TOLEDO, Ohio (WTVG) – With fall late in the day, you may have cleaned out the gutters and checked your heating system. As for our furry and feathered friends, they’ll need to do one of three things to get through the cold months ahead.
Madison Lindsay, day camp coordinator for Metroparks Toledo, told us, “There’s migration, so it’s going. It goes into some form of sleep or state of dormancy. And then there’s staying awake and adjusting.
Everyone knows that many birds head south for the winter, but so do some species of bats, as well as the monarch butterfly. During this time, many animals that stay local and awake, such as squirrels and deer, will have thicker fur and eat hidden food or adjust their diet. And of course, some animals like groundhogs just sleep in the winter.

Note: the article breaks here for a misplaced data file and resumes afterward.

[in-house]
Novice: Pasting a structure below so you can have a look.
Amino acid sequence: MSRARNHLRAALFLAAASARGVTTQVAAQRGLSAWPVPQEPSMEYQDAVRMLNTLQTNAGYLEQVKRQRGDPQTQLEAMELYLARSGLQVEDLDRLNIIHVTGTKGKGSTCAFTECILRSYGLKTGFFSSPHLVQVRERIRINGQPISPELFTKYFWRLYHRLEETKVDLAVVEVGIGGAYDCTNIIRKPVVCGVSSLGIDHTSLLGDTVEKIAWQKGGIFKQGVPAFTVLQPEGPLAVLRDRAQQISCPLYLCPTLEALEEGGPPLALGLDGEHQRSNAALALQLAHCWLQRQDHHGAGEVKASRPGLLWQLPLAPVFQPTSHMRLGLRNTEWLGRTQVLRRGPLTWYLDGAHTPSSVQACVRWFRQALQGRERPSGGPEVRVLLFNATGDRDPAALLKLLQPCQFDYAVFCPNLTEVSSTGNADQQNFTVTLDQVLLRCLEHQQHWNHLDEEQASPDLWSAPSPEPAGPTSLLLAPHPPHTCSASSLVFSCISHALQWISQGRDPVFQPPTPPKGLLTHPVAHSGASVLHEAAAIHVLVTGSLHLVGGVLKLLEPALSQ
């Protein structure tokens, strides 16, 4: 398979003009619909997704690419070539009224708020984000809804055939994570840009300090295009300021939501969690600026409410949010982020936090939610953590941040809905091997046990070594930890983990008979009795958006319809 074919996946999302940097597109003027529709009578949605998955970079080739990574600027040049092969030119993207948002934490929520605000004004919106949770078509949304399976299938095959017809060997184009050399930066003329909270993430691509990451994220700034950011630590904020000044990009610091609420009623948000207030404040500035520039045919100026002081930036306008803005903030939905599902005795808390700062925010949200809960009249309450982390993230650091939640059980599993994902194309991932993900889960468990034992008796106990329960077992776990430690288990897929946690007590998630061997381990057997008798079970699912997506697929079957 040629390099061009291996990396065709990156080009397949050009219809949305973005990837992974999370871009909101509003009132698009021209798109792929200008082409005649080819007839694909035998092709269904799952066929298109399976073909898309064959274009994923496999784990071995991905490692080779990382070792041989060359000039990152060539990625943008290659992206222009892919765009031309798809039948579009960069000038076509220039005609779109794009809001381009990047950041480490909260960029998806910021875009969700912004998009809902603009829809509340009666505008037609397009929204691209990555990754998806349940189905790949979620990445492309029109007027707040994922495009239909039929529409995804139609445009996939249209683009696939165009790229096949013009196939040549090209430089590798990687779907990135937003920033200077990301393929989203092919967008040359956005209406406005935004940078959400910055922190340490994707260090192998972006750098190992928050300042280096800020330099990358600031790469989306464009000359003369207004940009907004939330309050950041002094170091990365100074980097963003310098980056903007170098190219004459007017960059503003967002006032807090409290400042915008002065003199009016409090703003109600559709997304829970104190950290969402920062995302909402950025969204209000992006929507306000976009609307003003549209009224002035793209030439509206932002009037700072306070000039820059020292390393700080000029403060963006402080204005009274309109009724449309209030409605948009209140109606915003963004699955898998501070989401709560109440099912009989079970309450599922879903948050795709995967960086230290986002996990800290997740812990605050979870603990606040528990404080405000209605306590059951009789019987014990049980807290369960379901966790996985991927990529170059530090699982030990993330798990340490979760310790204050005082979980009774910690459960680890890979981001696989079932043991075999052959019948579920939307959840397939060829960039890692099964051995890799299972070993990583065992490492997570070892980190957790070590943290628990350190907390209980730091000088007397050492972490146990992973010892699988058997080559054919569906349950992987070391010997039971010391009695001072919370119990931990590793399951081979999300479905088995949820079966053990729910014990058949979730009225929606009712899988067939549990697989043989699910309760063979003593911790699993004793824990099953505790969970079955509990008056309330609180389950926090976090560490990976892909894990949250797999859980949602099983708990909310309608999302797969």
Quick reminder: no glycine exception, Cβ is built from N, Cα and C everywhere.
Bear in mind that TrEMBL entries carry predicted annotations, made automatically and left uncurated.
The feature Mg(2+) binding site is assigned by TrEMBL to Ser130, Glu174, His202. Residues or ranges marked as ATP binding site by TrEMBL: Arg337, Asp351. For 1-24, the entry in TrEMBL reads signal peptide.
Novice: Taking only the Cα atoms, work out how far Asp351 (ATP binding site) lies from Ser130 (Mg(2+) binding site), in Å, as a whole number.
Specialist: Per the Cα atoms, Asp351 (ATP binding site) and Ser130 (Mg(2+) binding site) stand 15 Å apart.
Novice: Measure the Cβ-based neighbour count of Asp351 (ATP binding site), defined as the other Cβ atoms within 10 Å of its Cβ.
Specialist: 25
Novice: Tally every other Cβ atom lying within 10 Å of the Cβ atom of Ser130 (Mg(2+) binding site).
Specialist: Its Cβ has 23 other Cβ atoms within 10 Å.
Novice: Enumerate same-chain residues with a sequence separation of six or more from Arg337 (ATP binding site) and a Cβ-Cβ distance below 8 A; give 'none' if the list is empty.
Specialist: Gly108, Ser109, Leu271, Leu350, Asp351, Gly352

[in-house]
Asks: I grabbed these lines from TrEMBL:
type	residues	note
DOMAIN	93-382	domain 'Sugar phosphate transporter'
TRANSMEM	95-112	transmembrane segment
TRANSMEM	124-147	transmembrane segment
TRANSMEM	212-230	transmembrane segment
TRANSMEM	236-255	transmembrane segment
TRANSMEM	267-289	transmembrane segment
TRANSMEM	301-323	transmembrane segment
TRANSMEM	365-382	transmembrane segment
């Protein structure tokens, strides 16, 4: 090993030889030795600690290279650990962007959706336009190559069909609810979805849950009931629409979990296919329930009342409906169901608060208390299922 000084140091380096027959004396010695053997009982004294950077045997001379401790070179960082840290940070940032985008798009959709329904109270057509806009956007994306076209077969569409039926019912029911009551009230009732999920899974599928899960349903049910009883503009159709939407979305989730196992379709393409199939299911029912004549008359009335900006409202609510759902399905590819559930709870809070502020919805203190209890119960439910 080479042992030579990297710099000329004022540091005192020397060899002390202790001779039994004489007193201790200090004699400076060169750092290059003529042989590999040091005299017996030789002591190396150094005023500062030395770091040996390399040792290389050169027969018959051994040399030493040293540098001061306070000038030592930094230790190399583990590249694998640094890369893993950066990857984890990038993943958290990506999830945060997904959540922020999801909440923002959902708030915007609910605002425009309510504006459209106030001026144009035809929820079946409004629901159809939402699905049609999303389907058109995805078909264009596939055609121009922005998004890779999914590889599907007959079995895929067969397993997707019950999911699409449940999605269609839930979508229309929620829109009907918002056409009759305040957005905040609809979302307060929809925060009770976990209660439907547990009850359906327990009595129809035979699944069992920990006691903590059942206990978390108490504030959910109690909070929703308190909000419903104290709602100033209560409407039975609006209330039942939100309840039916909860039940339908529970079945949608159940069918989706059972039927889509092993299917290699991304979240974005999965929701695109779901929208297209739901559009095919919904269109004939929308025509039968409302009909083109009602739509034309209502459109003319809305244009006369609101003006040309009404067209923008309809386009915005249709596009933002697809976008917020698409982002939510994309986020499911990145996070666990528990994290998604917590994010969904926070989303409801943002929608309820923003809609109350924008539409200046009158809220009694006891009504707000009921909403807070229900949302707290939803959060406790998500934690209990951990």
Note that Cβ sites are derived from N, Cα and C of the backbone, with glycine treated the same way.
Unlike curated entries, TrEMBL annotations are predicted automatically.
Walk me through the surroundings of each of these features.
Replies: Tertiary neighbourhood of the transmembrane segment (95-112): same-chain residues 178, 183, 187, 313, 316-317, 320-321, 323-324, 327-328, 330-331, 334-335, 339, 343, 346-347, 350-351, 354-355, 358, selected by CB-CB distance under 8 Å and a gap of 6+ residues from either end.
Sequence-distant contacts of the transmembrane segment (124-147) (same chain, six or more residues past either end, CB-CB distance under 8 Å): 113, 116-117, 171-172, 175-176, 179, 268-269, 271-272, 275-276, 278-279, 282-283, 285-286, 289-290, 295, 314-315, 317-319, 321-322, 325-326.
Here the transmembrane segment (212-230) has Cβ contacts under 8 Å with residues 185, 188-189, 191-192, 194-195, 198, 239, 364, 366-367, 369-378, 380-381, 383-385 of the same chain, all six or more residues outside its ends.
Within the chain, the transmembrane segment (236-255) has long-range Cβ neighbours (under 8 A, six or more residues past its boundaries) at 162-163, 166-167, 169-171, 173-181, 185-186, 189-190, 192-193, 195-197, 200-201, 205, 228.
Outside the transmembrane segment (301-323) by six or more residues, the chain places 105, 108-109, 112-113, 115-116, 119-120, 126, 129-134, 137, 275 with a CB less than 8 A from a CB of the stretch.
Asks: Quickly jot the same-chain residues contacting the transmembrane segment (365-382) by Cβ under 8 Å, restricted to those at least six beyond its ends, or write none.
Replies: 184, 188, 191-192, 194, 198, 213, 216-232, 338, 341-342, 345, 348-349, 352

As for what exactly groundhogs do to hibernate, Lindsay explained, “In early fall they’ll go ahead and eat a bunch of high-fat foods, they’ll crawl into their dens, they’ll put on a lot of fat. earth on it, they will snuggle up, and then they will survive on what they ate.
Other creatures, such as the cruciferous frog, have very unique methods of survival. “They have their own antifreeze,” Lindsay said. “So their body water will freeze, but they will stop their internal organs from freezing, and their heart and breathing will slow down.”
For those of you who want to stay active this winter but don’t have natural antifreeze, some of our Metroparks have mini nature centers that you can visit and observe the wildlife outside while staying in. warm inside.
“Just because it’s winter doesn’t mean we have to hibernate,” Lindsay added. “We can go out and go to the parks. Our six “Windows to Wildlife” can be found at Secor, Side Cut, Swan Creek, Oak Openings, Wildwood and Pearson. “
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